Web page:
When it comes to our business, we never want a misunderstanding to occur. That’s a sure way to lose a client and possibly create a bad reputation.

  • Autocorrect: As for autocorrect, we’ve all heard about—and laughed at—some of the bizarre words or phrases that occur with this feature. Last summer, I had a client text me about the ‘womax’ at my recent presentation. I had no idea what she meant! I even searched the word on google, Wikipedia, and the Urban Dictionary. Because I didn’t want to leave this client waiting, I called her and asked what womax meant. She apologized, saying, “That was my stupid autocorrect. It was supposed to be ‘woman’.”

When it comes to your business, it’s best to communicate as directly as possible with clients, peers, prospects, leads, referral partners—everyone! If your contact wishes to communicate with you in that manner, then let them, but you remain professional. Use text messaging for confirming a meeting time, asking if an important document was received, a request to call when available, and similar questions. Save the critical communication for phone or in-person talks.

To get this started on the right track, try this: for each new person or client, ask which for their preferred method of contact. Most often, they’ll appreciate your question and tell you right away. Make note of it so you don’t forget. Then be sure to tell them yours. It’s better than get started on the right foot than putting your foot in your mouth!

What are your ideas? Have you had text talk tragedies?

Peace and plentiful writing!

Kristen

Conquering a Bad Day

Each day brings a chance for change and a step toward success…or failure. We all have goals or desires and we live each day in a way to best get us closer to our goal. It’s often difficult to know which action gets us closer to our goals or which topples us back a step or two. We’ve all had our highs and lows, whether they be financial, personal or professional. We’re also affected by internal and external influences. While it’s difficult to control these factors, how we deal with them is within our control.

I’m facing some external influence that are affecting my personal (and a little of my professional) life. Recently, my father fell down the stairs, leaving him permanently and severely brain-damaged. My mother is struggling with the changes and sorrows of dealing with dad while also struggling with her own health issues and limitations. As a result, I visit (in Ohio) monthly to help with the changes and transitions. It takes a lot of time, which must come from somewhere—either personally or professionally.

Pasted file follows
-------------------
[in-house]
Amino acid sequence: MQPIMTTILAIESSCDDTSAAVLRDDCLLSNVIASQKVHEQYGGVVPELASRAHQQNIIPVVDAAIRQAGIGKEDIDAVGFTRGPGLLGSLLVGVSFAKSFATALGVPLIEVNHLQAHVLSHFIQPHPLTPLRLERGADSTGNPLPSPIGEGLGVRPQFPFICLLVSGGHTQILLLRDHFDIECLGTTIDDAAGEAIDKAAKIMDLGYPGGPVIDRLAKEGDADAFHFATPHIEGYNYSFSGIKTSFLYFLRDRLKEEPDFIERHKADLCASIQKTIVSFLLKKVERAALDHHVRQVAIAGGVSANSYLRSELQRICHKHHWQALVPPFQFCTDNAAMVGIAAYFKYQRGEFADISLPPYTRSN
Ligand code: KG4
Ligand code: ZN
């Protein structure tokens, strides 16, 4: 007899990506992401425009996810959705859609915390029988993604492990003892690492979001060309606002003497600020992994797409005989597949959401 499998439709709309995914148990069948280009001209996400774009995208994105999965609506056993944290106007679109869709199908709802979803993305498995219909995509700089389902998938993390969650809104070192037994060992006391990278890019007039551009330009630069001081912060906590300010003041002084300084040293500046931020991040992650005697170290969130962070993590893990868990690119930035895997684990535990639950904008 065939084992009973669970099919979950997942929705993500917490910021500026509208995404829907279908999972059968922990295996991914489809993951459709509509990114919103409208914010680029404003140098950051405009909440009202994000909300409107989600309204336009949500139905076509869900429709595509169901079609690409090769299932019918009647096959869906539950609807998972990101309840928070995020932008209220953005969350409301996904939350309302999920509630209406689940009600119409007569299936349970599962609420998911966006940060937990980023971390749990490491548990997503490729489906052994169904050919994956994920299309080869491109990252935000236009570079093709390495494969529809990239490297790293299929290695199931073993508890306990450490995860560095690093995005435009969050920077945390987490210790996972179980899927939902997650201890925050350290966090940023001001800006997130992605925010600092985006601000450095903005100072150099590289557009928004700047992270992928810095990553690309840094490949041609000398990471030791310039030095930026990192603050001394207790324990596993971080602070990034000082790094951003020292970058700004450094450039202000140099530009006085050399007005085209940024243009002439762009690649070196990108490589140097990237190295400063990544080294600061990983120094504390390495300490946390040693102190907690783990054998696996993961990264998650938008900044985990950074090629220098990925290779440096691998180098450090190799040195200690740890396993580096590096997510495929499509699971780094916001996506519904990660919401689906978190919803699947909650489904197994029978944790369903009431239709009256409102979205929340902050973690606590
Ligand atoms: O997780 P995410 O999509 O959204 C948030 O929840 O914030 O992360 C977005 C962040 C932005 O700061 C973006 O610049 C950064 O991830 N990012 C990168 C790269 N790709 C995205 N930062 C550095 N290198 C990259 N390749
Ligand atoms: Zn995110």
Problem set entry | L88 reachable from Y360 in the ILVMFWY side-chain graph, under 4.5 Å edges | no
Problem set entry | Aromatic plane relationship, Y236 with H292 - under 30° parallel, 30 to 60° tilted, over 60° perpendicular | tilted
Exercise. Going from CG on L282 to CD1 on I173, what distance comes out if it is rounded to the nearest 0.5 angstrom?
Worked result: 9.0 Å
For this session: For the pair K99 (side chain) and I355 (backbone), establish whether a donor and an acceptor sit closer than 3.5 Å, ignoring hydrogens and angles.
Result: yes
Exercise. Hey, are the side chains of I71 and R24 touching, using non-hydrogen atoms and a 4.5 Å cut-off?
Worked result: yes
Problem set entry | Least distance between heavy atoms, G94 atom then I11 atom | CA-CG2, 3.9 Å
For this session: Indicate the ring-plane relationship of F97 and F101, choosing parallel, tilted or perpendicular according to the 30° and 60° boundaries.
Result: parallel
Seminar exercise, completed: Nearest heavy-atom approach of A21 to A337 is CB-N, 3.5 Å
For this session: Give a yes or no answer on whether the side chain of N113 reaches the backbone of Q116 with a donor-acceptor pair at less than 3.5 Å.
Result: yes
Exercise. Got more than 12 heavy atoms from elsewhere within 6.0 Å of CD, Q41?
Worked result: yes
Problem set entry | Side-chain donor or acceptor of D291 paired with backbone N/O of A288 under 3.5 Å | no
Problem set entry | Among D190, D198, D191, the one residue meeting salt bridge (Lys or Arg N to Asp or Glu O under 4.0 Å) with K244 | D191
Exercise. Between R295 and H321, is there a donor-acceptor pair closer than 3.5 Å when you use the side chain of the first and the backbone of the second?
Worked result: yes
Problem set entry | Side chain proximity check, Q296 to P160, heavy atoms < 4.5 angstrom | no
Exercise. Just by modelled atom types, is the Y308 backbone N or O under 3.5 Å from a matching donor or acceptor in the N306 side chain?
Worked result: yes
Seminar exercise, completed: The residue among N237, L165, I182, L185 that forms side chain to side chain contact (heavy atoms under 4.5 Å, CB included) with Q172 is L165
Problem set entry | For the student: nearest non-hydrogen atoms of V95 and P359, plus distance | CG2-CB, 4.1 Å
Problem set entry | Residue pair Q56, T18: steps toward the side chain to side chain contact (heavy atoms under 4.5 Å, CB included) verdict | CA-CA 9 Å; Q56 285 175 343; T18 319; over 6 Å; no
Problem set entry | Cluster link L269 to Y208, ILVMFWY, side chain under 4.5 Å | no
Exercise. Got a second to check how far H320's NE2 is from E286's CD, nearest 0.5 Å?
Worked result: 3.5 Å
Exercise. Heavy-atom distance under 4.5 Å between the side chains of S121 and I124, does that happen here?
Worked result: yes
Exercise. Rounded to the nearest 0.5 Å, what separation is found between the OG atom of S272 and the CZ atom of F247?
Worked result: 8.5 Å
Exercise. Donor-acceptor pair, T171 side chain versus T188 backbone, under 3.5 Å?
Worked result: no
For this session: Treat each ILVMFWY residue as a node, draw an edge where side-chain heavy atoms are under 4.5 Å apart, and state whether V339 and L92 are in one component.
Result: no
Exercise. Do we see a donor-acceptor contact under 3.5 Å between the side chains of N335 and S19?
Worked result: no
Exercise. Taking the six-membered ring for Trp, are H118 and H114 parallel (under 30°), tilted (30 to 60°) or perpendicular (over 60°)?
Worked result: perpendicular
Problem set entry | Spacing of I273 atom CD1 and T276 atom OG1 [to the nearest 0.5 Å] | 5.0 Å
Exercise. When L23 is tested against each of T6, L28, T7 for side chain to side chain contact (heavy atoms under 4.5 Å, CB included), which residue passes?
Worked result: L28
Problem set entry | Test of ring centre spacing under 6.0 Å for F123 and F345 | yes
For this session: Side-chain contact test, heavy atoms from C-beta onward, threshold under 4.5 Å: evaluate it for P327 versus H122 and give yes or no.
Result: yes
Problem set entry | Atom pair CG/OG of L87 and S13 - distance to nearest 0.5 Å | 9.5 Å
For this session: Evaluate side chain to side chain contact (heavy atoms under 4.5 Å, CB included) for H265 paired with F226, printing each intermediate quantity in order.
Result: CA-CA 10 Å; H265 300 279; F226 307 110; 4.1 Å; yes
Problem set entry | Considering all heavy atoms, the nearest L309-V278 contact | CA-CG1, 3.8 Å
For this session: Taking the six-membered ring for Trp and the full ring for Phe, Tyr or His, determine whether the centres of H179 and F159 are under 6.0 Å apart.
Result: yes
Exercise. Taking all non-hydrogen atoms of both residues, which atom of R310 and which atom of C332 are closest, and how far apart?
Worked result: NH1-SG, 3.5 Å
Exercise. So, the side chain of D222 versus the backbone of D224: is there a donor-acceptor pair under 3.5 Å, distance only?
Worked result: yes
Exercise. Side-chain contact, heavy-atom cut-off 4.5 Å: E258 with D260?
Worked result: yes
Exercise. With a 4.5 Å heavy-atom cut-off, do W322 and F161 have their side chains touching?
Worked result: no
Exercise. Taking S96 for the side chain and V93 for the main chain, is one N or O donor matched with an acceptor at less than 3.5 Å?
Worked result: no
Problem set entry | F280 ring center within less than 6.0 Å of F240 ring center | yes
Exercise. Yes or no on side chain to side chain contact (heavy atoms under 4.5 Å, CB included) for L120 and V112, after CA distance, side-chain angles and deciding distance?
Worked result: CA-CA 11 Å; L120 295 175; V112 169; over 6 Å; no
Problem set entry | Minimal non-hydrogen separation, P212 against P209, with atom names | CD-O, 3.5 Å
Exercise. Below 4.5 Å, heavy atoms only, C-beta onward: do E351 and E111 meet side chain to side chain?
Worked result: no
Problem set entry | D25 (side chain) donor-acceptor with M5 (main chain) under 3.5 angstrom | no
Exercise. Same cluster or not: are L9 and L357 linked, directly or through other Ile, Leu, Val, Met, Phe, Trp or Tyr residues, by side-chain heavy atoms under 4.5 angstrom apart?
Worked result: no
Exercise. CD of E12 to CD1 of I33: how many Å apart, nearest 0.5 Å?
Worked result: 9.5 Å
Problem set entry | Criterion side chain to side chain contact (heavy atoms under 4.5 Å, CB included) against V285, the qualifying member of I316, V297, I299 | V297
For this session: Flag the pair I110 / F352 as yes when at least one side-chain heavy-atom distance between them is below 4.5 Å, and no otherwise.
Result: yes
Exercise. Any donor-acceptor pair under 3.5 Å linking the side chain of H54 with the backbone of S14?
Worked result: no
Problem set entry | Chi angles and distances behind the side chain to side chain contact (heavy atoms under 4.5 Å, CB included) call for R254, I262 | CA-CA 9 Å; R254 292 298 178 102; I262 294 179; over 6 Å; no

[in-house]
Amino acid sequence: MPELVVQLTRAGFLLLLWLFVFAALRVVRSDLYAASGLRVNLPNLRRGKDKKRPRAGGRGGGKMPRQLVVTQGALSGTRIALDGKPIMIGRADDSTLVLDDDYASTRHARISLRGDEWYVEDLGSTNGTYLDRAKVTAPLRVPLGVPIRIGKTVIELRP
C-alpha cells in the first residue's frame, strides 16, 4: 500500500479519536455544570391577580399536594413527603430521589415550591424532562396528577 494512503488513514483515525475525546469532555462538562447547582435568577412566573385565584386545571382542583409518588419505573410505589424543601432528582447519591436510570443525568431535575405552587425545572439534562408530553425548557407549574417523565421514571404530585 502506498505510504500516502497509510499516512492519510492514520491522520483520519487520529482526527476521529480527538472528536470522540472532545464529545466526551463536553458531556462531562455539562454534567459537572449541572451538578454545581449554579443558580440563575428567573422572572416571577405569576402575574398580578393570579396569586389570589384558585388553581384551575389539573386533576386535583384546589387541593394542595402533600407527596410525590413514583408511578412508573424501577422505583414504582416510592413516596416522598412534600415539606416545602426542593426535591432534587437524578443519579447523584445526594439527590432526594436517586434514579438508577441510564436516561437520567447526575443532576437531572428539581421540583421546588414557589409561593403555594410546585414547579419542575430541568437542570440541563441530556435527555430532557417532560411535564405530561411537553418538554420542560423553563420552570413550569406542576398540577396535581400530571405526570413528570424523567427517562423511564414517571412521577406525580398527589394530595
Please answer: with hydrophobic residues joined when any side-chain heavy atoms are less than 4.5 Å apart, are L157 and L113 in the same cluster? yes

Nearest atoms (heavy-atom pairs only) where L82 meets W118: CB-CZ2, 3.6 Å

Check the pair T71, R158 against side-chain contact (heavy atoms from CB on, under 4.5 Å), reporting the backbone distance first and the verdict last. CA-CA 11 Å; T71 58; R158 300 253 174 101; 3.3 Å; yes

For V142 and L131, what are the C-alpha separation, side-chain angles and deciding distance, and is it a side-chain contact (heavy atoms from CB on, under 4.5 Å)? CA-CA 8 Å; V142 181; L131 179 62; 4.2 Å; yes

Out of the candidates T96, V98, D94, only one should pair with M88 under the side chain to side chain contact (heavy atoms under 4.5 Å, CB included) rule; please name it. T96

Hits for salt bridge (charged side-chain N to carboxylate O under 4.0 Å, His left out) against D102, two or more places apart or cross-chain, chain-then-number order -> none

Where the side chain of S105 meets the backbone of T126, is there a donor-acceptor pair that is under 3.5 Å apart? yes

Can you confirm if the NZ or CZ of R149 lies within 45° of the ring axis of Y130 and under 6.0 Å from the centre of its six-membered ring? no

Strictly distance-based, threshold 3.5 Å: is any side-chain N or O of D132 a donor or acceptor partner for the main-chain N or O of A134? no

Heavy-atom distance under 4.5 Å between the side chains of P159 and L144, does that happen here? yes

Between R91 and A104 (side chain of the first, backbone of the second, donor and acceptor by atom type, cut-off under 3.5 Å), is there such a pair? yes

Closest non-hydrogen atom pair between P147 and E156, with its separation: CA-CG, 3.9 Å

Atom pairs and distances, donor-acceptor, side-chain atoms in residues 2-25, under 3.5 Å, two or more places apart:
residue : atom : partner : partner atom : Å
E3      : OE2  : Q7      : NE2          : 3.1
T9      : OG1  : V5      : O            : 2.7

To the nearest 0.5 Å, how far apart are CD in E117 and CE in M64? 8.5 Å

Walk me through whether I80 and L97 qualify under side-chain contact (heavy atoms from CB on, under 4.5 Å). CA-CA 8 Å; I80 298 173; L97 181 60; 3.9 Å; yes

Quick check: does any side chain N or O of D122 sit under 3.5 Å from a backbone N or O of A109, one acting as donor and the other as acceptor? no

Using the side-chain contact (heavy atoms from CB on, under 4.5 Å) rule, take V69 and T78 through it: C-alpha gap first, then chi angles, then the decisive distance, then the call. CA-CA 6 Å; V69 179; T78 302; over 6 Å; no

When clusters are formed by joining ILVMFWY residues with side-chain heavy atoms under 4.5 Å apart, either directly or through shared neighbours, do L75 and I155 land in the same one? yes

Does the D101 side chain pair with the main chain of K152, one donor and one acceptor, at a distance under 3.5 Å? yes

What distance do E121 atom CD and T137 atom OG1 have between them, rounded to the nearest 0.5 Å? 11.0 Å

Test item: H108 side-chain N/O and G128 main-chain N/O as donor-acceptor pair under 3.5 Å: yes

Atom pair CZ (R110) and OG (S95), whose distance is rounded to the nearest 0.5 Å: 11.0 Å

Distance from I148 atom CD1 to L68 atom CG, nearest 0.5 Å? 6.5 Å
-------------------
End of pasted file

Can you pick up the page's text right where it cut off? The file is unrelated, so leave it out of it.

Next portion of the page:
My story is not unique, but we all struggle with something. We all have those high days and low days. I’d like to share my methods for dealing with the lows that I’ve learned from others. Perhaps you’ll find some inspiration below:

Create a good news file: Anytime you receive a compliment, write it down, save it, store it! Linked in recommendations, business testimonials, positive feedback and thank-you notes or emails are perfect additions to your file. Then, when you’ve taken a dip read through your file. It will give you a boost when you need it, plus it’s a reminder of the good you have done and the good person you are.

Write it down: Yes, it helps to scream, cry, cuss and yell, however, this can sometimes create extra problems or bring others down (unintentionally). Grab paper and pen and vent on paper. Release all the emotions that need an escape. Let it go. It’s therapeutic and thought-inducing. Once the anger and sorrow are released, turn it around. Look for solutions. Ask yourself what went wrong? How did it happen? How could it be prevented in the future? What have you learned? How can this lesson advance you toward your goal? Write these down and adjust your success sails. Then act!

In the case with my father, I still must travel to help mom, but I can sometimes stretch my visits to 5 or 6 weeks. I still must work & write, so have arranged consistent work hours while visiting. The toughest thing my family had to adjust to was that I was not on vacation every time I visited—I still had a lot of work to do! I’m still struggling with this, but improvements are being made.

Free space & time: Everyone needs ‘me’ time once in a while. When we’re having a bad day, it’s even more important to take some time off. A walk. A book. A bath. A drive. A hunk of chocolate. A big cup of coffee. A beer. Take yourself somewhere or do something to relax, reflect and regroup. Do this for 30 minutes. An hour or two may even be better, but the purpose is to give yourself time to breathe and clear the mind.